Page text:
Dana Fuhrman, DO, MS Awarded K23 Grant to Study Renal Fitness in CHD Young Adults
Dana Fuhrman, DO, MS was awarded a K23 grant for an innovative study of renal fitness in young adults with congenital heart disease (CHD). She will lead a group of investigators from critical care, nephrology and cardiac surgery to unravel the mysteries of kidney ‘fitness’ and how it can be augmented in patients undergoing complex heart surgery. The project is funded by the National Institute of Diabetes and Digestive and Kidney Diseases.
“Patients’ kidneys can take a beating from disease and treatment. Understanding how some patients can endure kidney insults while others become injured is a key unmet need,” explained John Kellum, MD, Director of the Center for Critical Care Nephrology in the Department of Critical Care Medicine, an internationally recognized acute kidney injury researcher, who is Dr. Fuhrman’s primary mentor. “The implications of her work will eventually stretch as wide as all acute kidney injury which affects the lives of 4 million Americans each year.”
Children’s hospitals across the country face an exponential increase in the numbers of young adults with CHD requiring corrective surgeries since more and more children with CHD are surviving into adulthood. Many of these patients have poor renal outcomes, including acute kidney injury (AKI), that require intensive intervention by nephrologists and intensivists.
“Unfortunately, we have had limited means to predict which patients will do poorly,” said Dr. Carlton Bates, MD, Chief of the Division of Pediatric Nephrology at UPMC Children’s Hospital of Pittsburgh. “Dr. Fuhrman’s research has the promise of identifying new and innovative biomarkers to indicate those patients at high risk of poor outcomes, allowing clinicians to gauge their level of scrutiny and care following cardiac procedures.”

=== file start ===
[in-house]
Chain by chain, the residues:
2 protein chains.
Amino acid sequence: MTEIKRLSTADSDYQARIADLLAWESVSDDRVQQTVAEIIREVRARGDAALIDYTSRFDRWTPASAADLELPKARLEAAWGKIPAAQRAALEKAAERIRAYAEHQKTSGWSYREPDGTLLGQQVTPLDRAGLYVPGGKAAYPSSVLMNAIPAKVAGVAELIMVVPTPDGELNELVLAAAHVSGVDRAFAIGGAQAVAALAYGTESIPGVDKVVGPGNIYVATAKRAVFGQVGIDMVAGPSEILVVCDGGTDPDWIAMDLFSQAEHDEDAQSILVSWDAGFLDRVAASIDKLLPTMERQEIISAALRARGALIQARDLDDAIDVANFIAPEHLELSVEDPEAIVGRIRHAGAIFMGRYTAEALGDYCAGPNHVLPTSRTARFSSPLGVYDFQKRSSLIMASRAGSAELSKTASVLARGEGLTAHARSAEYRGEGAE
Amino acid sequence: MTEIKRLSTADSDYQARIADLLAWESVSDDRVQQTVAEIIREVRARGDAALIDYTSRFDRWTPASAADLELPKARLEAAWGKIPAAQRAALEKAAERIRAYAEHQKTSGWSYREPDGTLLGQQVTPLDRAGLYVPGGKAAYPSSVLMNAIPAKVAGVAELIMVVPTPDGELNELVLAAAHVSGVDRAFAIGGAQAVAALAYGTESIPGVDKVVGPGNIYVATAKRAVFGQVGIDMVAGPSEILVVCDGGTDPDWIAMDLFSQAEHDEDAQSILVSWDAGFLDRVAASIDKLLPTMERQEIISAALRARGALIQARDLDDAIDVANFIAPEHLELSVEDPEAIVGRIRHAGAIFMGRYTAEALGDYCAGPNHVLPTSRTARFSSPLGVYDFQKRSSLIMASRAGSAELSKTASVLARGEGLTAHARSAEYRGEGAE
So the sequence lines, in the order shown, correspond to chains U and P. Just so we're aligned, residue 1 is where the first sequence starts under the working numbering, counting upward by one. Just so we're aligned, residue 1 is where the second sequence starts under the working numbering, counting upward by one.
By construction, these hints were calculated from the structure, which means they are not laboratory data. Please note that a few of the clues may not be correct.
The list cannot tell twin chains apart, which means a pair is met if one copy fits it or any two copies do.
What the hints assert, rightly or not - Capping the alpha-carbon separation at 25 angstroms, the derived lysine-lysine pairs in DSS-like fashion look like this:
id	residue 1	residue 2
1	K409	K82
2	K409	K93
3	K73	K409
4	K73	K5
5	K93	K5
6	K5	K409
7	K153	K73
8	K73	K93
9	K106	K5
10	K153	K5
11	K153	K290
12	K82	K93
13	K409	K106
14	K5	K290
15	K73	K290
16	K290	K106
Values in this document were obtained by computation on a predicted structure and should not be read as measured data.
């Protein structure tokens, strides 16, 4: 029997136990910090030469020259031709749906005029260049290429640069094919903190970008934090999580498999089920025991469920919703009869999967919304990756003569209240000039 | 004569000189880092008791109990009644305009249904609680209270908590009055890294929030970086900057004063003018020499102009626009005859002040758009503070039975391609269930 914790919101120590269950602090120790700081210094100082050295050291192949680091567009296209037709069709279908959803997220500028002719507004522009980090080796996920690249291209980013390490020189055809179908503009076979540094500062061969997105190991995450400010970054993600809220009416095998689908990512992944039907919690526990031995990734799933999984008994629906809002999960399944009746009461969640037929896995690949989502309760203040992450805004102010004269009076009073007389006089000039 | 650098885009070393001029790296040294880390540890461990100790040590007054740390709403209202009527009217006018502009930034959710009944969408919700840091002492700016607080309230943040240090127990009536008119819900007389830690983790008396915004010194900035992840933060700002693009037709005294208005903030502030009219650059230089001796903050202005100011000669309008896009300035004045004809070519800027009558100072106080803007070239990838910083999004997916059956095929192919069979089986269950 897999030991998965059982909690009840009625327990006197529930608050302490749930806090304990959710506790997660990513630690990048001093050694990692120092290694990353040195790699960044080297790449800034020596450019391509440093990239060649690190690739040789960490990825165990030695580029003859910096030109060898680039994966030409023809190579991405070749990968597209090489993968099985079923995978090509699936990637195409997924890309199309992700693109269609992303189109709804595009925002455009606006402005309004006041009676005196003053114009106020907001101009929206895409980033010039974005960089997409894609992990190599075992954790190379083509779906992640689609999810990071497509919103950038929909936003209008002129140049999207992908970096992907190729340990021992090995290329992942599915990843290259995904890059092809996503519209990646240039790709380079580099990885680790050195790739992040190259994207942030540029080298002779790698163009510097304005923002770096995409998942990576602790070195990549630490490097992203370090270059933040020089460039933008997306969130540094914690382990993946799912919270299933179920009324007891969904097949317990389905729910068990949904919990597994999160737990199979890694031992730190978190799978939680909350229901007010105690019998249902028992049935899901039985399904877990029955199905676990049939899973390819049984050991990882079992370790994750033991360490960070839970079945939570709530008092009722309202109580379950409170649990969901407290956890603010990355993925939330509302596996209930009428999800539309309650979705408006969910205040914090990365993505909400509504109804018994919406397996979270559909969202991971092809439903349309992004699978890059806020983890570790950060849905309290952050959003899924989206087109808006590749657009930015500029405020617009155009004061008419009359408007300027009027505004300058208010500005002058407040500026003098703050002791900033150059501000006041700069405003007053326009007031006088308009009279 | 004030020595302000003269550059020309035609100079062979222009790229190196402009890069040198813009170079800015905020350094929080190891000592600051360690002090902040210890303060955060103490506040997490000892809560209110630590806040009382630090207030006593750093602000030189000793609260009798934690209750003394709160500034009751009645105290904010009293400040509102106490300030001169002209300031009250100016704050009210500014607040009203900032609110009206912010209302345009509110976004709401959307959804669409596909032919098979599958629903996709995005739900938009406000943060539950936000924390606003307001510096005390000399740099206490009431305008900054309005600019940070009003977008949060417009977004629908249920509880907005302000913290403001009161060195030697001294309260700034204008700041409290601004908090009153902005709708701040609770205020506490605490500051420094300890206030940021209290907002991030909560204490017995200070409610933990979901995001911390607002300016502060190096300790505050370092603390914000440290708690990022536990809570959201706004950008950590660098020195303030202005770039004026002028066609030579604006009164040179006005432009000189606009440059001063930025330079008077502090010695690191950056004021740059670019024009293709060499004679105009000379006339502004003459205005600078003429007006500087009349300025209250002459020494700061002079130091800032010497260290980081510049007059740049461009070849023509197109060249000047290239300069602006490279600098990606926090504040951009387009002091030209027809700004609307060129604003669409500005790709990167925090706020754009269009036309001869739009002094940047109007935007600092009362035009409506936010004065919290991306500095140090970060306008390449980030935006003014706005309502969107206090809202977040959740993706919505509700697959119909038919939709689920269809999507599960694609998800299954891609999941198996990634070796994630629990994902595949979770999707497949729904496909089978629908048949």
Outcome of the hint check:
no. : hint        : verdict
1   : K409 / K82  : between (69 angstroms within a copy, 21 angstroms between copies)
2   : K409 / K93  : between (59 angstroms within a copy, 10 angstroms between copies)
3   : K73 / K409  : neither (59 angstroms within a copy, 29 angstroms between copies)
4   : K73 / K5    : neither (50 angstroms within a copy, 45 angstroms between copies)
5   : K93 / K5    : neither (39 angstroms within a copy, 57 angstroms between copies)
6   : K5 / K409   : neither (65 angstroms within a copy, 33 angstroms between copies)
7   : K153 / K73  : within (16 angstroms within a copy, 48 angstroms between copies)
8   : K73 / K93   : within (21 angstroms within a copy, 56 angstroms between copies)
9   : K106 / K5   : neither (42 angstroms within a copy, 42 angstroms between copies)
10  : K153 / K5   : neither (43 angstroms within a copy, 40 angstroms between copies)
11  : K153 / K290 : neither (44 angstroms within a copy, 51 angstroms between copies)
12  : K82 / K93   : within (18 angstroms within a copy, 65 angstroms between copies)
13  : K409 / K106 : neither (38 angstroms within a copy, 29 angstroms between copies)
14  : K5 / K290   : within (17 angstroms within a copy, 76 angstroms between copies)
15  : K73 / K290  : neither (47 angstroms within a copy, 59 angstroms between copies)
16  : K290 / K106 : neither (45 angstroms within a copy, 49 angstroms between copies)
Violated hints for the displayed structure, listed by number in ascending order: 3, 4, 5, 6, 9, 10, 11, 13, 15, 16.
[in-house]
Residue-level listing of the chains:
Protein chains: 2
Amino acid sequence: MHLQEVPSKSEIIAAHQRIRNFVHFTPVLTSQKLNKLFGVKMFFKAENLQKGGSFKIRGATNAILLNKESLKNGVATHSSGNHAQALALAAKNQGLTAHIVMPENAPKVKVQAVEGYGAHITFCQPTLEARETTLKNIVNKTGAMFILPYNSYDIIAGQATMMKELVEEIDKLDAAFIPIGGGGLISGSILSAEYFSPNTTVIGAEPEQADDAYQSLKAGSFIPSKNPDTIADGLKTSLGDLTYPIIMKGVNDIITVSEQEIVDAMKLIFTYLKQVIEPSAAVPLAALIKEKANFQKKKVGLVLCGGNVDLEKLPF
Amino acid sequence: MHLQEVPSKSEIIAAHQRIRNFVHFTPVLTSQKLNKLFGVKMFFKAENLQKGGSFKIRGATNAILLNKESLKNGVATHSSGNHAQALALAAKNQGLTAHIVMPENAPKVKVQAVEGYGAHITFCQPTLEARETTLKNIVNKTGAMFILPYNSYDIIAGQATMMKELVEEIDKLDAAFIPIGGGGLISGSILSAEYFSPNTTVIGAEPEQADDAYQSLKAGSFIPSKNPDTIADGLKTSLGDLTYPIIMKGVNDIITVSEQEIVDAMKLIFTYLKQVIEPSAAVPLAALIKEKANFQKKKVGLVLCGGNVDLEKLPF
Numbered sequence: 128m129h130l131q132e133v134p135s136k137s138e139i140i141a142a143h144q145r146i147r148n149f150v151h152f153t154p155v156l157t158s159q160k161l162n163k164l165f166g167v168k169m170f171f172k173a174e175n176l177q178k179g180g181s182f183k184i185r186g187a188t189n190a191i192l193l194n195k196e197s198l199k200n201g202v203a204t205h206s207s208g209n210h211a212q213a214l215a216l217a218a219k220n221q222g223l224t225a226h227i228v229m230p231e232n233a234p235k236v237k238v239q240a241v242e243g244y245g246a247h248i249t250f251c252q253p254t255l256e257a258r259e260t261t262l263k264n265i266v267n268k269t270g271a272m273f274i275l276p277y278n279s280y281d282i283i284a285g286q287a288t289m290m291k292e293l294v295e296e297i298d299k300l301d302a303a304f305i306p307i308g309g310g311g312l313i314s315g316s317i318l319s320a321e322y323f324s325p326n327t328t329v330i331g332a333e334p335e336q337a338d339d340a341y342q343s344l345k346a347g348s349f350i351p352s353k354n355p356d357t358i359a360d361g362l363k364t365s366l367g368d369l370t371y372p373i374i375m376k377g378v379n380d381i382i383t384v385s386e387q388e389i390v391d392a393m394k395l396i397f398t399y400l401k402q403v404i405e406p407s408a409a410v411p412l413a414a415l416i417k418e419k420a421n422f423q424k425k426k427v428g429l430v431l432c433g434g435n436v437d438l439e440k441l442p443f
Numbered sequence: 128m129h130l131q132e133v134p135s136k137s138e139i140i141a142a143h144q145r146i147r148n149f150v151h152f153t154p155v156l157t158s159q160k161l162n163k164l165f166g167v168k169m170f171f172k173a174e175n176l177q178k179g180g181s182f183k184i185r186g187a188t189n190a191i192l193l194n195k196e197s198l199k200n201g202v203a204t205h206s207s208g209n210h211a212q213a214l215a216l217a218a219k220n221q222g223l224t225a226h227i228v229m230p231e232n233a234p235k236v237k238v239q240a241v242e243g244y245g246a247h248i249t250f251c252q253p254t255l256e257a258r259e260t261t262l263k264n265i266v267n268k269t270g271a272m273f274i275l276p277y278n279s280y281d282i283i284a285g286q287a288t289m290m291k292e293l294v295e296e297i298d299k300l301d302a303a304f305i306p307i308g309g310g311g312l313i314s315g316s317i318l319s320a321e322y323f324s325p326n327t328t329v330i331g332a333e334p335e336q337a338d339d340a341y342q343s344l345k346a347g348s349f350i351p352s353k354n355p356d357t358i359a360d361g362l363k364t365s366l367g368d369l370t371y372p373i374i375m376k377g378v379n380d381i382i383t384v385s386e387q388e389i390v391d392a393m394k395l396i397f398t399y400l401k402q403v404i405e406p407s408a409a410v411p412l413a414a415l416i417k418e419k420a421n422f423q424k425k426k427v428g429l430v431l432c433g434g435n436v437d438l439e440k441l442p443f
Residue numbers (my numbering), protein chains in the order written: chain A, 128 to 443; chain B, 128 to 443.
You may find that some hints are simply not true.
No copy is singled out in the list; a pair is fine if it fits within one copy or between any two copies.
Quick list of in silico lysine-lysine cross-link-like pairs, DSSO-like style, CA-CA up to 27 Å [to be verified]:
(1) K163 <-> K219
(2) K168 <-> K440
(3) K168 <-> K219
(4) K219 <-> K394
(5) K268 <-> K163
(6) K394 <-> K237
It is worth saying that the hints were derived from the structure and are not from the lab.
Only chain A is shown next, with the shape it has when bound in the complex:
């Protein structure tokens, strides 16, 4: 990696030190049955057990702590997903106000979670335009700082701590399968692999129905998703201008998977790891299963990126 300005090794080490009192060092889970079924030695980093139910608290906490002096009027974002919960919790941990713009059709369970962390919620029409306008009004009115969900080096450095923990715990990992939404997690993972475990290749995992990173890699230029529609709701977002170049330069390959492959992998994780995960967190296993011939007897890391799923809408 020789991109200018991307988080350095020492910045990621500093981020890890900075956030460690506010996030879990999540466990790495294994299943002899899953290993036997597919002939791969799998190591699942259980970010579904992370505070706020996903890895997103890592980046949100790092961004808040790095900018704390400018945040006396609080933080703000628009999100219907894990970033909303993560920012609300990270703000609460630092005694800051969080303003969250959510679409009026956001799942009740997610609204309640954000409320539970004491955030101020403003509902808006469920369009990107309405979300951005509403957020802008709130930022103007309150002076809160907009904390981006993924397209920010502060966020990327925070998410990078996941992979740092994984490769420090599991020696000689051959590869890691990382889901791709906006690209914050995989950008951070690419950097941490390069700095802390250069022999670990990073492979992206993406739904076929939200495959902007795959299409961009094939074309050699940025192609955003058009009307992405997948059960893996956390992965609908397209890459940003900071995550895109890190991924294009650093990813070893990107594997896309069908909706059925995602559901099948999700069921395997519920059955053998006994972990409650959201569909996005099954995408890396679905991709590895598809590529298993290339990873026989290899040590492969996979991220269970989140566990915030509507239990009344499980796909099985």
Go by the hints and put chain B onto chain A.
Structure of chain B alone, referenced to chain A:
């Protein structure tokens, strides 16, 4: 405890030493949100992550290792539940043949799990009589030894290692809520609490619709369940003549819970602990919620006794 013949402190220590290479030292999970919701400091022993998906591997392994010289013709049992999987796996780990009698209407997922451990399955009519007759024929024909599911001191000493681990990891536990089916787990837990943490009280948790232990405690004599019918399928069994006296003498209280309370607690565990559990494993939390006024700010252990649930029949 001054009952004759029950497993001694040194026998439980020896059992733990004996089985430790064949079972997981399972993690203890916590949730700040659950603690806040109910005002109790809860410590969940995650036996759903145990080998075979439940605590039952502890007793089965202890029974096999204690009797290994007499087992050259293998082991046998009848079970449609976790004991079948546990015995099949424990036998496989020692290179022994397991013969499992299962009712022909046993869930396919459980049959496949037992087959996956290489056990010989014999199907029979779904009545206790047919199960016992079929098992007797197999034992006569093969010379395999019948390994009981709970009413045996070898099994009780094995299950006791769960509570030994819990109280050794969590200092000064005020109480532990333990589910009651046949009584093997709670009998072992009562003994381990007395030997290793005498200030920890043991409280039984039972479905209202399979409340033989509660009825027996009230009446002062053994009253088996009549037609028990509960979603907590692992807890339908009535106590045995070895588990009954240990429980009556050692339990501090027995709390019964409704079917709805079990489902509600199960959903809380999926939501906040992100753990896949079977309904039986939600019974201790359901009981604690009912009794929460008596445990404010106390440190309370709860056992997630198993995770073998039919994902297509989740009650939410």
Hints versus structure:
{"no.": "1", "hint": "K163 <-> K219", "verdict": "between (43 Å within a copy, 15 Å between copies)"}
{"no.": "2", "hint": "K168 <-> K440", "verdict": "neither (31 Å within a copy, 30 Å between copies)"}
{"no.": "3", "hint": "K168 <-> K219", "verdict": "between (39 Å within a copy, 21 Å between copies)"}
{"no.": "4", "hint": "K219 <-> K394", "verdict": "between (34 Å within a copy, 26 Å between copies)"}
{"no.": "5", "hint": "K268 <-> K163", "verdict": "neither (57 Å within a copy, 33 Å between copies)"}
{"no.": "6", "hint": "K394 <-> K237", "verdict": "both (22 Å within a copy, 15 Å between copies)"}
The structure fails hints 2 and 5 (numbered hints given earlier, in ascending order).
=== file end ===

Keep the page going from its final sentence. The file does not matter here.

There are no readily available means to quantify renal fitness clinically, and there are no prior studies that examined the long-term effects of glomerular reserve or preoperative tubular biomarker values in any patient group. Given this paucity of data, the goal of Dr. Fuhrman’s research is to establish an objective method to quantify renal fitness in young CHD patients ages 18-28. She plans to quantify glomerular reserve by measuring estimated glomerular filtrate rate (eGFR) values using cystatin C before and after a protein load. She piloted this easily replicated method during her nephrology fellowship years as a T32 NIH scholar.
On admission to the hospital for coronary bypass (CBP) exposure, these young CHD patients will be assessed for AKI risk in order to determine:
- The association of glomerular reserve and AKI risk;
- The expression of tubular biomarkers that have been shown to be early markers of kidney damage;
- The association of these biomarkers with AKI.
Patients will be followed for 1 and 2 years in order to determine if preoperative glomerular reserve and tubular biomarkers estimate the risk of chronic kidney disease.